Under current legislation decision-makers are required to consult HSE on certain planning proposals around major hazard establishments and major hazard pipelines and to take into account HSE’s representations when determining associated applications.
This is to ensure that the UK complies with Article 13 of the Seveso III Directive which has the specific objective for EC Member States to control certain new development to maintain adequate separation, including residential areas, buildings and areas of public use around major hazards when the development increases the risk or consequences of a major accident. In essence, decision-makers should ensure that new development does not significantly worsen the situation should a major accident occur.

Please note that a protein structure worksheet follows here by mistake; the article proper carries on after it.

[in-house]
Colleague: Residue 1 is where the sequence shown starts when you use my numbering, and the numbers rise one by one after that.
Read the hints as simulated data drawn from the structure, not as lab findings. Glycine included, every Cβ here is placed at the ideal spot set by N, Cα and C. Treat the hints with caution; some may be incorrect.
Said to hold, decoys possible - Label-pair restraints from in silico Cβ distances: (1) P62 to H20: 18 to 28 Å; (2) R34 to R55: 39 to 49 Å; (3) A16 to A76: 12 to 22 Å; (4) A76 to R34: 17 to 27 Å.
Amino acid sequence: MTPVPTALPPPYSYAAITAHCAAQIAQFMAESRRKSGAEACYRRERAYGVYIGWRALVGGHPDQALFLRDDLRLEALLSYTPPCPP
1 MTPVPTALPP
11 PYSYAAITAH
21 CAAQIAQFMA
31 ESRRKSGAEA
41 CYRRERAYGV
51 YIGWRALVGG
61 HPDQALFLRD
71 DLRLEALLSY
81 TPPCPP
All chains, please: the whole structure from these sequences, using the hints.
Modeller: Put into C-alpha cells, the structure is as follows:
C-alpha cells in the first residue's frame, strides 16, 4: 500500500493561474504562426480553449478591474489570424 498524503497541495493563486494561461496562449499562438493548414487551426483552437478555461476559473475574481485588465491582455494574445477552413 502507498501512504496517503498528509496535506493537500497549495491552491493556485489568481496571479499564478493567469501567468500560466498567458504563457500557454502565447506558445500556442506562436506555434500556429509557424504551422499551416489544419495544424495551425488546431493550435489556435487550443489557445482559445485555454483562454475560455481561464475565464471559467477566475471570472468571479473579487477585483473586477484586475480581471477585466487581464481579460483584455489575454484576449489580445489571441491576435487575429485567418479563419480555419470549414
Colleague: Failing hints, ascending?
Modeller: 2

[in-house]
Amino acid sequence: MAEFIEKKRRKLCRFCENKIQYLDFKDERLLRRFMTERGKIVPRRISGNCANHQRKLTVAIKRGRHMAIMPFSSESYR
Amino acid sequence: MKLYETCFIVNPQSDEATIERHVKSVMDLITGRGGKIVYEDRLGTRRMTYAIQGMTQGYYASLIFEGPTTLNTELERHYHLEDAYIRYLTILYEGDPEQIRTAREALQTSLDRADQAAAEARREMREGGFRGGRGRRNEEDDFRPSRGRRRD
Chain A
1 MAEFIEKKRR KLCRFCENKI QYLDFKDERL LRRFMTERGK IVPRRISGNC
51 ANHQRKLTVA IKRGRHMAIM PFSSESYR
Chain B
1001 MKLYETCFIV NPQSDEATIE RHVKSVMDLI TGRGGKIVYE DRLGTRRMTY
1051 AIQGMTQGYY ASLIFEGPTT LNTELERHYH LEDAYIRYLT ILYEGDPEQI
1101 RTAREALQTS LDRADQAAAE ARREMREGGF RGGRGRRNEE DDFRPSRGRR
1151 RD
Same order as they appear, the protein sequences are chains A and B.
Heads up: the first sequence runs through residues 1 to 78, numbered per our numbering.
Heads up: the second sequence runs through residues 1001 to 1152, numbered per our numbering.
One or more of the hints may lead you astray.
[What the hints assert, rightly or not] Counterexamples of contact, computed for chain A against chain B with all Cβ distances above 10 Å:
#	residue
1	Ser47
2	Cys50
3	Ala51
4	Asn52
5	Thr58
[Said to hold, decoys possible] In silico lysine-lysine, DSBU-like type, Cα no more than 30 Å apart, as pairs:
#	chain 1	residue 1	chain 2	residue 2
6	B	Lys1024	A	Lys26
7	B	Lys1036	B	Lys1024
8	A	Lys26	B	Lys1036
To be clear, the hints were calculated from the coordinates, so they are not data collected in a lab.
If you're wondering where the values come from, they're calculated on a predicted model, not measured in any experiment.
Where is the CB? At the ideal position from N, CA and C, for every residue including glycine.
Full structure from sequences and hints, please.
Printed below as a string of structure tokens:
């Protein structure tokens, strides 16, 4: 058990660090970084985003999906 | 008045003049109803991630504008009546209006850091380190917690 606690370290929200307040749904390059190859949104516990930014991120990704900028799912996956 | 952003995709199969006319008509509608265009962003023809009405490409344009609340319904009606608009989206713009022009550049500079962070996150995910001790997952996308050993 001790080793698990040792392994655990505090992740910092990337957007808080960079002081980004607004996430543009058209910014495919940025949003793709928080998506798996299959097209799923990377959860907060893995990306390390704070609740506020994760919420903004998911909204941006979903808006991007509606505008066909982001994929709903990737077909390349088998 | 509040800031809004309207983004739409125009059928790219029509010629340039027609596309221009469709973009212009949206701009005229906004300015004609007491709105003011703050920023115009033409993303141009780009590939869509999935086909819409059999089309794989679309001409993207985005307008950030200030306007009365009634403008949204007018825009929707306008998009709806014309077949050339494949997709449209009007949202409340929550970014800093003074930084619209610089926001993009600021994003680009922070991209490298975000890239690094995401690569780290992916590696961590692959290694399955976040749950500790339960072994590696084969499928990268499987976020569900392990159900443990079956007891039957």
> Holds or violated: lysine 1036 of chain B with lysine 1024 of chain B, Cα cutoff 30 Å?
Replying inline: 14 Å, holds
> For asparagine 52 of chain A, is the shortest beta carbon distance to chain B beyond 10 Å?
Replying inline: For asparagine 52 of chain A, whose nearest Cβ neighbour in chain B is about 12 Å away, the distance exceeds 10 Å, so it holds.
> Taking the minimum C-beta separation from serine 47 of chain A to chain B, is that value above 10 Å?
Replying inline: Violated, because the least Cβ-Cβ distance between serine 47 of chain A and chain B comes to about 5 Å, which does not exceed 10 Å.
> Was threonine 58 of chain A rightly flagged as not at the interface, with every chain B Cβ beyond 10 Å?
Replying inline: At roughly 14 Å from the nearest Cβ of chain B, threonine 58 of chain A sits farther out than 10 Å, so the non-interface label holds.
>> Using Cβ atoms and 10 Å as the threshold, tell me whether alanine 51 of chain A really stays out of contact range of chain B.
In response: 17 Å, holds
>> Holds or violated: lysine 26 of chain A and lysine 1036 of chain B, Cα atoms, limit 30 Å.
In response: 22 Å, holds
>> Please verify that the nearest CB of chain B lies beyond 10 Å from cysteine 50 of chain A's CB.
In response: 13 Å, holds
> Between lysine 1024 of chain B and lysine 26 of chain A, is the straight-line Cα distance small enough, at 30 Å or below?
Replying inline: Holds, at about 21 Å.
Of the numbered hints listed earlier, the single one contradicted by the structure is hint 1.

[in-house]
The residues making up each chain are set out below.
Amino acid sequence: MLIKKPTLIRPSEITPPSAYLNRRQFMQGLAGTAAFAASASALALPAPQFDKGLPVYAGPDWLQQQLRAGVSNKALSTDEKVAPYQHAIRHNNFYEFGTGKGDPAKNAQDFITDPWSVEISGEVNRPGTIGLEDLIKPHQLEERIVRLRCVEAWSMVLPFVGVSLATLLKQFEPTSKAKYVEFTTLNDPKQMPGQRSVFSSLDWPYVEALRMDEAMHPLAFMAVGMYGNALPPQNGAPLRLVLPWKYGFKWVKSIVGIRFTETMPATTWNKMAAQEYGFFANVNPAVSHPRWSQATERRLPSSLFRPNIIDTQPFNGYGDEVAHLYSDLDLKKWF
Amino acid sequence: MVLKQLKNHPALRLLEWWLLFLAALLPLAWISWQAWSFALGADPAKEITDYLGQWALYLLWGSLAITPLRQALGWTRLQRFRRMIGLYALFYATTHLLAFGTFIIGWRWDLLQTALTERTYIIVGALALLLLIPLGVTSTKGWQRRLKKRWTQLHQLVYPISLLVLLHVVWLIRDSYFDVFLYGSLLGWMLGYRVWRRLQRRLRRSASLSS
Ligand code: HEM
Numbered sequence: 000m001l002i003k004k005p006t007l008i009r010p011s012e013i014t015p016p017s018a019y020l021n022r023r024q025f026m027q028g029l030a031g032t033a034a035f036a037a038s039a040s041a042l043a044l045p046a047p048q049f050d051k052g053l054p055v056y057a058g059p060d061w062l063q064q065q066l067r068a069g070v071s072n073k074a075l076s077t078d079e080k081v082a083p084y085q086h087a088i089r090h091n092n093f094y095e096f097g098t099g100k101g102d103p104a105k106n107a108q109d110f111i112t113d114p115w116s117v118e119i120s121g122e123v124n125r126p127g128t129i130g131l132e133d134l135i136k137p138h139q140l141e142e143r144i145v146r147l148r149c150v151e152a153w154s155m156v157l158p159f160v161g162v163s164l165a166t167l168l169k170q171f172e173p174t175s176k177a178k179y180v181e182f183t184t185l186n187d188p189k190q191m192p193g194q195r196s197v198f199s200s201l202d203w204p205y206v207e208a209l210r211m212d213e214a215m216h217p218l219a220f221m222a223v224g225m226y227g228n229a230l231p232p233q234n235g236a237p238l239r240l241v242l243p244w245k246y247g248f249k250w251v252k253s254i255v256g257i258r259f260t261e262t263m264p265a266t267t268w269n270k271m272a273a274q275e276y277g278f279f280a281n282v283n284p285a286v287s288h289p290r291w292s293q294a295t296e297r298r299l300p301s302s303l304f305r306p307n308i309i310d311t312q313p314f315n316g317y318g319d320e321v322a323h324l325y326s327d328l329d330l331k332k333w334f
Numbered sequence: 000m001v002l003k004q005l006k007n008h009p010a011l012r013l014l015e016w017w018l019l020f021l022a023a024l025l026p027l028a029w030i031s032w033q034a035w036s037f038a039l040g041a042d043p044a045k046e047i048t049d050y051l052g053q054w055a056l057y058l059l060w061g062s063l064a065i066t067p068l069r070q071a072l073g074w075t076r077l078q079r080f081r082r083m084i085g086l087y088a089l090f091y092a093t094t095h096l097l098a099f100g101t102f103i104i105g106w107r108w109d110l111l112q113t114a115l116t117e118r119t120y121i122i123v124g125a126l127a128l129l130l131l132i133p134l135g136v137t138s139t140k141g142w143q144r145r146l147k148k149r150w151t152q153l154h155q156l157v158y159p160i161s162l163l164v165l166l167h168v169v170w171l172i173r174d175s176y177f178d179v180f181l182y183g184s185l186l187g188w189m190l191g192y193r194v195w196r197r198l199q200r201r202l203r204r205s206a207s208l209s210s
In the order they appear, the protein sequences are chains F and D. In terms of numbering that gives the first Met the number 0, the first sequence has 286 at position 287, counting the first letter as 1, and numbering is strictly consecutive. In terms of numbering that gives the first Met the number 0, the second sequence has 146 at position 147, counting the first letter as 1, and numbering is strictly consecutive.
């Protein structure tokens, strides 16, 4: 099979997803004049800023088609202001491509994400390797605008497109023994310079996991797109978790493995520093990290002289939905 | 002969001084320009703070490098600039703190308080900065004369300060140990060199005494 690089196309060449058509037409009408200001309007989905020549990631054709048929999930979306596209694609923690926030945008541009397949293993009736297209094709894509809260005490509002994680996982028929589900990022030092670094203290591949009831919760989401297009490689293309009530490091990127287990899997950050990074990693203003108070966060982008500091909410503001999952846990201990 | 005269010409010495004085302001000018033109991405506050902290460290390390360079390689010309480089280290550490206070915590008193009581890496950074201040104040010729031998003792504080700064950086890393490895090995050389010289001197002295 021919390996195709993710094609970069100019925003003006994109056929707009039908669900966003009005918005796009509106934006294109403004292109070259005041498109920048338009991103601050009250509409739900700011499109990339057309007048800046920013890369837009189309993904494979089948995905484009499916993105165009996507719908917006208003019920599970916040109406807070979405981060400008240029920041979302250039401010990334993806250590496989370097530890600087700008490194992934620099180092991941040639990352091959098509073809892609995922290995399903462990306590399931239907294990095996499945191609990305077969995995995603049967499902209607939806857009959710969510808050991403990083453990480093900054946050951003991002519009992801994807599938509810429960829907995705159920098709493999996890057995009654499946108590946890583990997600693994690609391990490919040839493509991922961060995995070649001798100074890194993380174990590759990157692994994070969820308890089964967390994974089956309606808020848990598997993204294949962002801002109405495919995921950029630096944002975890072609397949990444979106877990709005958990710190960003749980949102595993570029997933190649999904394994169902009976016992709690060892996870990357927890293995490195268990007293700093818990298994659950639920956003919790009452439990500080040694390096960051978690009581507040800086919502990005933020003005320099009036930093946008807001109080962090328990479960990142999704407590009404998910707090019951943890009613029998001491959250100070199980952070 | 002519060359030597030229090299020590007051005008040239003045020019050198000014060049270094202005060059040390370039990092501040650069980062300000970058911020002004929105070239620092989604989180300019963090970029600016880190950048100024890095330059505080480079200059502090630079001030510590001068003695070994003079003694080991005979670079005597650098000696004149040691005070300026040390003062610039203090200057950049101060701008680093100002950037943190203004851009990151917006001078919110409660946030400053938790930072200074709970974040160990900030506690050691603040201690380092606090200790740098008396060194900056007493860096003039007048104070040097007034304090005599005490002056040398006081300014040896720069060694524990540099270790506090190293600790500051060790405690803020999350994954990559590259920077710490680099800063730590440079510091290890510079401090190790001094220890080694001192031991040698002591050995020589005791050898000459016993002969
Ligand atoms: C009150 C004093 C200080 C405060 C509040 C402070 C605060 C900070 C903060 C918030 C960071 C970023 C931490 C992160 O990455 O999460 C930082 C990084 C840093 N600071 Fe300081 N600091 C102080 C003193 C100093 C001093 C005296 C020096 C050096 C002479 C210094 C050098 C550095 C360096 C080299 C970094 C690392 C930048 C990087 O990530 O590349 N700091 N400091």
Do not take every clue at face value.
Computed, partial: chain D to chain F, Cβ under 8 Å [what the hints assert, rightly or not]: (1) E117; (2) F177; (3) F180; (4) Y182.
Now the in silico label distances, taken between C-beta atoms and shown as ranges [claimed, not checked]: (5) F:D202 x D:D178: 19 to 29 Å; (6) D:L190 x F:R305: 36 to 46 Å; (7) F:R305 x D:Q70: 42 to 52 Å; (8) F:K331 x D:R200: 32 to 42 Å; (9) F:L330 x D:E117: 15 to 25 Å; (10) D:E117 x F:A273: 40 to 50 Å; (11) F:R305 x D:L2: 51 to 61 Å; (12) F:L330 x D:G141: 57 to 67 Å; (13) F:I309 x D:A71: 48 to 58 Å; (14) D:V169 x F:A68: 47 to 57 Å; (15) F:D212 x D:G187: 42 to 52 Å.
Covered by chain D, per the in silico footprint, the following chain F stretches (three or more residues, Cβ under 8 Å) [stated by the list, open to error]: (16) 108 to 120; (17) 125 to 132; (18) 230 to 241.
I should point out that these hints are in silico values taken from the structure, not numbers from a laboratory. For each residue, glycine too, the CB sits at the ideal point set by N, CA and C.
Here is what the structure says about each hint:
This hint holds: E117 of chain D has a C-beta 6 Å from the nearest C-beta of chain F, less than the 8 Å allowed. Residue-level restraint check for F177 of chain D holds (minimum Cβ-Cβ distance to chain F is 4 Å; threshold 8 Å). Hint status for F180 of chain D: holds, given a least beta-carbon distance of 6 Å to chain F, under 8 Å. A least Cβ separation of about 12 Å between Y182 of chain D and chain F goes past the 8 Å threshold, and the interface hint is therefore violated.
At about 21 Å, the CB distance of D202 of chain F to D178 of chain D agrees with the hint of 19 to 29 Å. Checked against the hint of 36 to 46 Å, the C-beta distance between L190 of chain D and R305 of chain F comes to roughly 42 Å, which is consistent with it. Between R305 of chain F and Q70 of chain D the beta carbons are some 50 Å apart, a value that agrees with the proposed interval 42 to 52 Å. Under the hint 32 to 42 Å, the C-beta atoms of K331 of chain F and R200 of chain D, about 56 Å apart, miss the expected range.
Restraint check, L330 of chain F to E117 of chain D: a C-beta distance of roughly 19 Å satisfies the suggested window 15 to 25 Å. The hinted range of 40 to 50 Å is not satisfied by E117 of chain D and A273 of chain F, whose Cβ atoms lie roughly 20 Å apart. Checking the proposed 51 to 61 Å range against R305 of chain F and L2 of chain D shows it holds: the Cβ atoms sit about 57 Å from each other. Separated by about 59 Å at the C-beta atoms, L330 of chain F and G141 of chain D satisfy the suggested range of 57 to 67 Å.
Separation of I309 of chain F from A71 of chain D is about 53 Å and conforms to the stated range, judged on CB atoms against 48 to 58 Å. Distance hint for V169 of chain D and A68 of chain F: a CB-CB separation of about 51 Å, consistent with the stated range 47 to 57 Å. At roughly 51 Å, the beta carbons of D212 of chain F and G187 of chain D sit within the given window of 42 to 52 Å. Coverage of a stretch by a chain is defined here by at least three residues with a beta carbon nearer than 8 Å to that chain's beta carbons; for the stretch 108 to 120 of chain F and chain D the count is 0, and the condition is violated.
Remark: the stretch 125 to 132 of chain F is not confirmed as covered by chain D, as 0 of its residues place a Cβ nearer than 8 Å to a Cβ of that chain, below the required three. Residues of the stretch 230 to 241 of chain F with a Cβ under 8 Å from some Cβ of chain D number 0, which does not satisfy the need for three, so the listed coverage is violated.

HSE’s role in land use planning is an advisory one because safety implications, however important, cannot be divorced from other relevant planning matters. When HSE advises a local planning authority that a planning application should be refused on safety grounds, the planning authority is guided not to override HSE’s advice on safety without the most careful consideration.
Since 1992, Hazardous Substances Authorities (usually the local planning authority) have been required to consult HSE on applications for hazardous substances consent, when companies wish to store certain hazardous substances at or above specified quantities, which would lead to the creation of a new major hazard establishment.
Sites that use and store large quantities of hazardous substances pose risks to the surrounding population. These risks are regulated and managed in a number of ways, mainly through compliance with the COMAH Control Of Major Accident Hazards Regulations but also by controls on land use planning.